K: It just dawned on me that this was your first album with the band. Feels like you’ve been there much longer for some reason. It’s been over 4 years now, right?

T: Yeah, I started helping out in Feb 2010 and joined full time in March 2011.

 

K: Do you think being there that long before recording/writing an album helped you and/or the others?

T: It definitely helped as far as knowing how Donald and Trevor approach writing and arranging songs. I’ve known the guys for over 25 years, so we definitely get along and understand each other.

Aug 252014

 

(Our man BadWolf interviews Jeff Lohrber of Enabler; he also took the photos in this post at Enabler’s show in Detroit at The Loving Touch on June 10, 2014.)

In the months since Inquisitiongate (can we agree on that as the formal term?), it seems like virtually any extreme metal band could come under fire for suspicion of racism—Dragonforce and Bölzer have both come under fire as of late, and rebuffed those accusation with varying degrees of success.

Let’s scratch one band off the suspicion list: Enabler are not racist. In a brief conversation with Jeff Lohrber, guitarist/vocalist of the three-piece crust outfit, he made that much perfectly clear, alongside talking about his love of classic rock and breaking down my favorite track on what very well might be my favorite record of the year, La Fin Absolue Du Monde.

***

To begin, things I didn’t notice at Maryland Deathfest: not only do you have a Today is the Day tattoo, but you have an Ohio knuckle tattoo.

Yes.

 

What’s up with that?

Well, I’ve been in Today’s the Day three times now. I’m currently the drummer for the band, and I grew up in Ohio.

 

Where?

Around Dayton. I actually live back in Ohio again. We were in Milwaukee. We started in Milwaukee but we’re based out of Ohio now. We have one member who lives in Milwaukee still.

 

Where do you live, Dayton?

No, I live in the middle of nowhere.

Aug 202014

 

EDITOR’S NOTE: West Virginia’s Byzantine are nearing the end of a Pledgemusic crowd-funding campaign to help finance the making of their next album, To Release Is To Resolve, and NCS writer TheMadIsraeli caught up with the band’s main man, Chris “OJ” Ojeda, in an exclusive audio interview that we’re streaming at the end of this post. TheMadIsraeli introduces the conversation as follows:

***

Chris “OJ” Ojeda from Byzantine is a riot.  The guy’s got an obvious fire for what he’s doing, and handles the hardships he’s endured with a surprisingly casual and hopeful outlook.  He’s one of my favorite vocalists out there, and his riffs are distinct and have always stood out to me.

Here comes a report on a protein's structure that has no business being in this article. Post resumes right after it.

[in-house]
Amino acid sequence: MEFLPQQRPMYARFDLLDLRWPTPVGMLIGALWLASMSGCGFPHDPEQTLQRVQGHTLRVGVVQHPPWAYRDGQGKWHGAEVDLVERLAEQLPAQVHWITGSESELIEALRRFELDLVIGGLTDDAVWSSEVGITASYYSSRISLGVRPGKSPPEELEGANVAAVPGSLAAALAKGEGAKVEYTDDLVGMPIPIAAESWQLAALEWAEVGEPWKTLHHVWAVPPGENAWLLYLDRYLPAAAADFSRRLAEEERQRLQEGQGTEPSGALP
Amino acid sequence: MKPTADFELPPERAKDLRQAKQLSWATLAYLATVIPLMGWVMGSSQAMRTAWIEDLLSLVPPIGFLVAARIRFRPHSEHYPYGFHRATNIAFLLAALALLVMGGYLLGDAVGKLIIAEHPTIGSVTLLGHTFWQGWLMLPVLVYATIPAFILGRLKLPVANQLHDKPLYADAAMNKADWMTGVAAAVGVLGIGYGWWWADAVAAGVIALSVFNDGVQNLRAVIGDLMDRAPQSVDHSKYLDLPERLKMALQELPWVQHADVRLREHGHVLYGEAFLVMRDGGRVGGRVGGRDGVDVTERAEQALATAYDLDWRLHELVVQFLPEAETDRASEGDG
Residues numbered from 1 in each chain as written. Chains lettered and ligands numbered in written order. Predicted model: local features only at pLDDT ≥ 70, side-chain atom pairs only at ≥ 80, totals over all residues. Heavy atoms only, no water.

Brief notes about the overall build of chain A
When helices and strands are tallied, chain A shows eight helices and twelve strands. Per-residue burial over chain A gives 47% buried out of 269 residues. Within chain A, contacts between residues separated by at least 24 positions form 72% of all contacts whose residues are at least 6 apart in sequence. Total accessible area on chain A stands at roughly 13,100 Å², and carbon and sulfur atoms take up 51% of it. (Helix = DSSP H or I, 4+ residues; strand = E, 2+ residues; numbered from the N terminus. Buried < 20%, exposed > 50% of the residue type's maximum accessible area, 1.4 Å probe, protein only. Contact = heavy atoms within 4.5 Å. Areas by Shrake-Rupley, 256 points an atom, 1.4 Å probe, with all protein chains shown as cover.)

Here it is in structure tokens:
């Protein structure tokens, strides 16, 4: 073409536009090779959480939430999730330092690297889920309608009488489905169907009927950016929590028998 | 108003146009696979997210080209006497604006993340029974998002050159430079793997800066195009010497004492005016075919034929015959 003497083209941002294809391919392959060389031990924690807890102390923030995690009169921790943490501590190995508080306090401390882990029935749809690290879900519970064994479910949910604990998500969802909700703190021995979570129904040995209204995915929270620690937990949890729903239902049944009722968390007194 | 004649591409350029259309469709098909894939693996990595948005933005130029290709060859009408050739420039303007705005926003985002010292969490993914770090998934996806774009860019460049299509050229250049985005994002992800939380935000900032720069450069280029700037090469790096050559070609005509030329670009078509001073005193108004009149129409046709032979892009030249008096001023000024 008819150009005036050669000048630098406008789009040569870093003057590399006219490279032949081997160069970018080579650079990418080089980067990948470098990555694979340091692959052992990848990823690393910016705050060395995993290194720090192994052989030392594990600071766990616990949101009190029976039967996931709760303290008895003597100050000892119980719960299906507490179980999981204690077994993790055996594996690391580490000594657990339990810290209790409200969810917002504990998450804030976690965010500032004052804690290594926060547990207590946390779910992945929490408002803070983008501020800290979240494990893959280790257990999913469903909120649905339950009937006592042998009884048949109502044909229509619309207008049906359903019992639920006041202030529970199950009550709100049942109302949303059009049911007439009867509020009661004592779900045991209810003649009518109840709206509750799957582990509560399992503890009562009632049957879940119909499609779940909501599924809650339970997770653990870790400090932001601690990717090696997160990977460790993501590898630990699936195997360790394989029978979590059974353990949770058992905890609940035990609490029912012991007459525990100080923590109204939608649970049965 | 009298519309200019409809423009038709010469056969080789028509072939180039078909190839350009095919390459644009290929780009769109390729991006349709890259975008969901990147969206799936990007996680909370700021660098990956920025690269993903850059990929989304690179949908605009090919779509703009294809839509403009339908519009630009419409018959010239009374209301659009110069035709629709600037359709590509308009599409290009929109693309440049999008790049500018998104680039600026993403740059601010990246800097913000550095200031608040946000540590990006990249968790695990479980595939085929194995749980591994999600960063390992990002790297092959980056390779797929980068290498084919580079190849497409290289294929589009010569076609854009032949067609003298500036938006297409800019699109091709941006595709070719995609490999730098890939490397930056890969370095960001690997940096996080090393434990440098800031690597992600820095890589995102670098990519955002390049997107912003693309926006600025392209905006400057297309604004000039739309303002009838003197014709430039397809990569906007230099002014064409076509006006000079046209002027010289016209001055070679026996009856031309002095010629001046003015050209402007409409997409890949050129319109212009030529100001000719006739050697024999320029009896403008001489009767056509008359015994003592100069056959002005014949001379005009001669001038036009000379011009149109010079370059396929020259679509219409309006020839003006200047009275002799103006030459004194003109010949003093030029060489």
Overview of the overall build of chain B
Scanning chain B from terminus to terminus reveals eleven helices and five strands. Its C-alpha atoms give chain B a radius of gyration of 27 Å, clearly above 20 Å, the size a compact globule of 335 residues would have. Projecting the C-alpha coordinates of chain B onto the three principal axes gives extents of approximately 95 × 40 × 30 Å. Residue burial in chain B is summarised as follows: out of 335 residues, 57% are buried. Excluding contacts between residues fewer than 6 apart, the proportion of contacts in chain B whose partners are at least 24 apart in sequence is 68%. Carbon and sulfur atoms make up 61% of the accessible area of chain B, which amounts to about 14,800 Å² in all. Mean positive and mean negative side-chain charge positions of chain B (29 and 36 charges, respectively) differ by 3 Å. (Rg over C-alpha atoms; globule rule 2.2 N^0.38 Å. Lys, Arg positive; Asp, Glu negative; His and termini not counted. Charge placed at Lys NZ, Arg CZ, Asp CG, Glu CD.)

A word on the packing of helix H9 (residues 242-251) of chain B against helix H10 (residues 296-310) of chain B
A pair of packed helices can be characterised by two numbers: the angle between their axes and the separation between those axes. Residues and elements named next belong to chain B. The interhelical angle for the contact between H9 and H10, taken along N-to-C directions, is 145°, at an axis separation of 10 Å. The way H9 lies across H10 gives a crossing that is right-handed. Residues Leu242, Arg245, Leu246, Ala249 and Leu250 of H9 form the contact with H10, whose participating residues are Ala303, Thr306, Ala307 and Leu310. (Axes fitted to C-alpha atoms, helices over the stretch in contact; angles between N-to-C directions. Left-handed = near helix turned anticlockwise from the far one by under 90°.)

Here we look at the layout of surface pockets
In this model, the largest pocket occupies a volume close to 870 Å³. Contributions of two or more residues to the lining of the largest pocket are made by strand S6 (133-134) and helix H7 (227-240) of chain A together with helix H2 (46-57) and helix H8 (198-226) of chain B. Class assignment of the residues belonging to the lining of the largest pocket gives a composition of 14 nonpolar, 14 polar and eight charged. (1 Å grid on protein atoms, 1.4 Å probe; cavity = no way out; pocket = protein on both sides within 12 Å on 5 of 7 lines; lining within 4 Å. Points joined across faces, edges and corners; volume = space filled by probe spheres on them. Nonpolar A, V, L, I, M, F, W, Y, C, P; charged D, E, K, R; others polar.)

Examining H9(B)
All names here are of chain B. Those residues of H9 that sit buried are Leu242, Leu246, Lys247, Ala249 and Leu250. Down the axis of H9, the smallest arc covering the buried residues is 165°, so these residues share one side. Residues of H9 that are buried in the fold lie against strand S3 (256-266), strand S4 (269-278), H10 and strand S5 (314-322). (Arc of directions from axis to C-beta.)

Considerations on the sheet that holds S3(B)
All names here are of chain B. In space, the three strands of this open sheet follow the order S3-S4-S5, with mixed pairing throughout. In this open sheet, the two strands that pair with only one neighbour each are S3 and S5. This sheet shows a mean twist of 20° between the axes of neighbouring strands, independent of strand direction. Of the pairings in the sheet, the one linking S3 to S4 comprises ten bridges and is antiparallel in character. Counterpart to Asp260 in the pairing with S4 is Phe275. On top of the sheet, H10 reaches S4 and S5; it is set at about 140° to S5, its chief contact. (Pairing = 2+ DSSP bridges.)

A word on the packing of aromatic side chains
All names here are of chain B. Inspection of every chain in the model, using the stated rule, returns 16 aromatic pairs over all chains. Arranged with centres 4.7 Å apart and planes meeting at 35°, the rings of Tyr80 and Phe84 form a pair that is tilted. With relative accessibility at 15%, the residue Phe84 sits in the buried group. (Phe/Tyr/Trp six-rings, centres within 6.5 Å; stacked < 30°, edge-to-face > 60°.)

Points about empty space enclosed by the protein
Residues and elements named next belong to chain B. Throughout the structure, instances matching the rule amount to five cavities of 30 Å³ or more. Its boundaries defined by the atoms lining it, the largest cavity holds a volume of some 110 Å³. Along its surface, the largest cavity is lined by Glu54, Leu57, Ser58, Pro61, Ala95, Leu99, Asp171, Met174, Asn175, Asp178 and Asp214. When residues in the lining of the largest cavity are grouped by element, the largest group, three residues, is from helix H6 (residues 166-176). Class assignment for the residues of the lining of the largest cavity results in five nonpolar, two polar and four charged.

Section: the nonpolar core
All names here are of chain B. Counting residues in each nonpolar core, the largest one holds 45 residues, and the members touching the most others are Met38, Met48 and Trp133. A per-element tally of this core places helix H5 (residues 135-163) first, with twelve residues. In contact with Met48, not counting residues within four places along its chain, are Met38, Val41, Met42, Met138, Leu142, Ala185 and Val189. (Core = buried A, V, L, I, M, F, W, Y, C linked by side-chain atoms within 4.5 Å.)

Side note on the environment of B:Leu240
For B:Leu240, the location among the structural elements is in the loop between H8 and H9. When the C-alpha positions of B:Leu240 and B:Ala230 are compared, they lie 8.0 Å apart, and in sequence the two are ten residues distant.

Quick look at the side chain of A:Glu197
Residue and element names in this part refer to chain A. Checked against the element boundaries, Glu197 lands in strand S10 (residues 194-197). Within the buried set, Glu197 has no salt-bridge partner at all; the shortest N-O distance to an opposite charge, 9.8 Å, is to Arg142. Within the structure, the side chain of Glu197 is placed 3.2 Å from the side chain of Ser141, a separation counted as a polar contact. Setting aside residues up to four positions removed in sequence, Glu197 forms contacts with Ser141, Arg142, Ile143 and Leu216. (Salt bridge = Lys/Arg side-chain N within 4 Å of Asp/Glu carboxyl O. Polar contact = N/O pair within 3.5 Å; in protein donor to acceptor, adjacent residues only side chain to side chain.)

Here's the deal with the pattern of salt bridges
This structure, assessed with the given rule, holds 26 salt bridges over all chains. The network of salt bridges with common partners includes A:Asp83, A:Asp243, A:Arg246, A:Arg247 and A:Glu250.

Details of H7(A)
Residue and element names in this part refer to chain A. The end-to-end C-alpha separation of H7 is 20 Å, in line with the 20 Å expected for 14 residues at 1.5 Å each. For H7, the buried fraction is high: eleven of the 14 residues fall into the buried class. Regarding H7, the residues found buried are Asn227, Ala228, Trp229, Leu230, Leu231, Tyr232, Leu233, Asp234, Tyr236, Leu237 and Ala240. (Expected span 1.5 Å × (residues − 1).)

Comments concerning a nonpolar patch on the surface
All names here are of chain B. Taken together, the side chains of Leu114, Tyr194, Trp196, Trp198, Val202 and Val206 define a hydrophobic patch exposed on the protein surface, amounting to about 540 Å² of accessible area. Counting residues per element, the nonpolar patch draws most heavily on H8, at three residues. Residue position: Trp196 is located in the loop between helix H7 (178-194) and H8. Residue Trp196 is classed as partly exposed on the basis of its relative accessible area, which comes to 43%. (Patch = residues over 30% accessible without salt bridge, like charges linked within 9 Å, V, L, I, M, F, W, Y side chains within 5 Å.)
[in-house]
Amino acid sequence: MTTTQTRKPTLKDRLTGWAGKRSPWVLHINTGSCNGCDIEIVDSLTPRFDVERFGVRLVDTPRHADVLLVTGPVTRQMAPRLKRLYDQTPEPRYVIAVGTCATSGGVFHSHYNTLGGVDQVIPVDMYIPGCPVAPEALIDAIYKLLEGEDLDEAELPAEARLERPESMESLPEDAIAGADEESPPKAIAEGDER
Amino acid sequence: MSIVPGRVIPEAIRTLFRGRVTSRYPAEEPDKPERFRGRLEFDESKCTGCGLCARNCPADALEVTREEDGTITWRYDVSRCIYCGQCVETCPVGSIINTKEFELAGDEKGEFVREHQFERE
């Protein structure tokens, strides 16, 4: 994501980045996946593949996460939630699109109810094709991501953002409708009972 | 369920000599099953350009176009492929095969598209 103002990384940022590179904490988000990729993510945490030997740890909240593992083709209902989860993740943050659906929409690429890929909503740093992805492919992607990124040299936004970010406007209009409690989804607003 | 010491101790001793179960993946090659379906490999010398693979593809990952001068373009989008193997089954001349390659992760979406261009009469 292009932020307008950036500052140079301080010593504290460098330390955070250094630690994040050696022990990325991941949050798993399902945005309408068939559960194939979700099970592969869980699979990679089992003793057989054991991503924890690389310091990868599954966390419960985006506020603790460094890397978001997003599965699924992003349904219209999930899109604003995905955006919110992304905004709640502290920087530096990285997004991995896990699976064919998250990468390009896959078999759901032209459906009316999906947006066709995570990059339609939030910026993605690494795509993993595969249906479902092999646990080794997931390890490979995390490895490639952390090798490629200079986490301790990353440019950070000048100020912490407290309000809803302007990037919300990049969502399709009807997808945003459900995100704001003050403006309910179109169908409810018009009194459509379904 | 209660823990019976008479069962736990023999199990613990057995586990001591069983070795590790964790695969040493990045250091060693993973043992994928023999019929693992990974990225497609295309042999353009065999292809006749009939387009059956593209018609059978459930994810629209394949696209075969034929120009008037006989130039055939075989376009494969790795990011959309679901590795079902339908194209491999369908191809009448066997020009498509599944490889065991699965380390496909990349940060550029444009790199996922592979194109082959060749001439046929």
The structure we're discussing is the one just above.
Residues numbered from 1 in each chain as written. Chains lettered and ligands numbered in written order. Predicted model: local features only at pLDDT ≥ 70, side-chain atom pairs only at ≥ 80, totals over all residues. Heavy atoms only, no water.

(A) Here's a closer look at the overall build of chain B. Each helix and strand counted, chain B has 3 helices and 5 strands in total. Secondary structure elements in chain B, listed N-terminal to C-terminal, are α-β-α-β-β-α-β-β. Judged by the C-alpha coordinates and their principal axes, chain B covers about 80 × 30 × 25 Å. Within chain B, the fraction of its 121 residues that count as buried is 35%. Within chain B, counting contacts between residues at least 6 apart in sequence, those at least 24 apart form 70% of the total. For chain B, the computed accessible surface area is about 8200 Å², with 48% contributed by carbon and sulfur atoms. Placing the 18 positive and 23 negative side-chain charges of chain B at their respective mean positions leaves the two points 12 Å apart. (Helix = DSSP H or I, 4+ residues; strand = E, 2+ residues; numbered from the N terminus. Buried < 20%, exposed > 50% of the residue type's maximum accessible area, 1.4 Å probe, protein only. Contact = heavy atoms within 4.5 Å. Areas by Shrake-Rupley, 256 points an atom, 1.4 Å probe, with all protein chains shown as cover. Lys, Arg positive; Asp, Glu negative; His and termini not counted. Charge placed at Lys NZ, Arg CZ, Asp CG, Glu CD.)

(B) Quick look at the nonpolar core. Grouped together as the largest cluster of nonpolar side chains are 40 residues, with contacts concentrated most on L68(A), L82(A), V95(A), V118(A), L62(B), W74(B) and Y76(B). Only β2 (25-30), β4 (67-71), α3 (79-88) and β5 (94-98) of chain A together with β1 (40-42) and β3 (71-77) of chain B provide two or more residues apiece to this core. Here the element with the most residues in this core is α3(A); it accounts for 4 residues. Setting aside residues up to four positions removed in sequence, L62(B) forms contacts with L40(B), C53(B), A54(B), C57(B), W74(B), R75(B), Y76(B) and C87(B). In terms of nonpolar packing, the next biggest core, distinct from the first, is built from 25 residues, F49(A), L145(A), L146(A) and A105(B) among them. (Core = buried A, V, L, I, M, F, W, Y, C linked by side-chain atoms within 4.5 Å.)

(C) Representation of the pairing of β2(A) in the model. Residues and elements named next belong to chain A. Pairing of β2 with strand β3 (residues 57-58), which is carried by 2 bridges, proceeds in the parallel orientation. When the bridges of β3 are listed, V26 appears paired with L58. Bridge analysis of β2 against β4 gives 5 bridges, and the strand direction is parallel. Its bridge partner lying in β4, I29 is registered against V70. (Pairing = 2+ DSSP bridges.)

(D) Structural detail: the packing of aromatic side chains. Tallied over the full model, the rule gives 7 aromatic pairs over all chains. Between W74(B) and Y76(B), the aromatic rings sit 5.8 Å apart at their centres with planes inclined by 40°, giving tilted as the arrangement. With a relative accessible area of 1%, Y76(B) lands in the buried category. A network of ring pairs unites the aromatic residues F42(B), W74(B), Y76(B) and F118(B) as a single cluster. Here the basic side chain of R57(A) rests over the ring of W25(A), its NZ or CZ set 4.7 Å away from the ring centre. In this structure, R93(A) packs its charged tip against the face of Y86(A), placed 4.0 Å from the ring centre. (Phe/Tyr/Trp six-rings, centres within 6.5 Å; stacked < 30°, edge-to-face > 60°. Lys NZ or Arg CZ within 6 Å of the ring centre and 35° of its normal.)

As the driving force behind Byzantine, the guy may feel like he’s got a load on his shoulders to prove that the band’s stellar comeback comeback album (2013′s Byzantine) wasn’t a fluke.  From what I’ve heard of the new record, though, I’d say we’re in for something better than even that last one. You’ll get a taste of it at the end of this post.

Aug 152014

(Our Russian contributor Comrade Aleks interviews guitarist Björn Anderssen of Sweden’s Ocean Chief.)

Björn Anderssen is a skilled channeler who transforms chthonic energies of primordial forces into massive and distorted guitar vibes. He is one of the founders of Swedish doom/sludge/stoner act Ocean Chief, who released their new album Universums härd through the well-known I Hate Records.

As the sea of sound spreads its black waves and consumes us, to become one with the cosmic ocean and find ourselves as tiny sparks of light amidst its senseless vastness… just try to relax and find the joy of primitive and wild delight.

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Hail Björn! How are you? How goes the promotion of Ocean Chief’s new album Universums härd?

Hey! So far it’s all been good. The reviews has been overly positive, and most people seem to embrace the change since the previous albums. This one is much more dynamic in tempos and songs, hence easier to digest for the listener. Obviously not everyone has been as happy as others, but what can you do?!

Jul 242014

 

(In this post, Dane Prokofiev returns to NCS with a new installment in his Keyboard Warriors series, in which he poses unpredictable questions to metal writers of all kinds. Here, he interviews our friend Tom Campagna.)

Pokémon and metal. You never thought these two words would appear in the same sentence, eh? The two objects seem like polar opposites, sharing a relationship resembling the one shared between light and darkness, hot and cold, truth and Tyranny of Tradition, God and Satan, etc.

But metal writer Tom Campagna (ex-The Number of the Blog, ex-Metal Injection), who is an ardent fan of the Pokémon role-playing videogames, thinks the two share similarities. As one of those dudes pining to be “the very best like no one ever was,” you really wonder how he still finds the time to teach high school mathematics, write for About.com Heavy Metal, and occasionally contribute articles to some other metal websites.

 

Why do you like metal?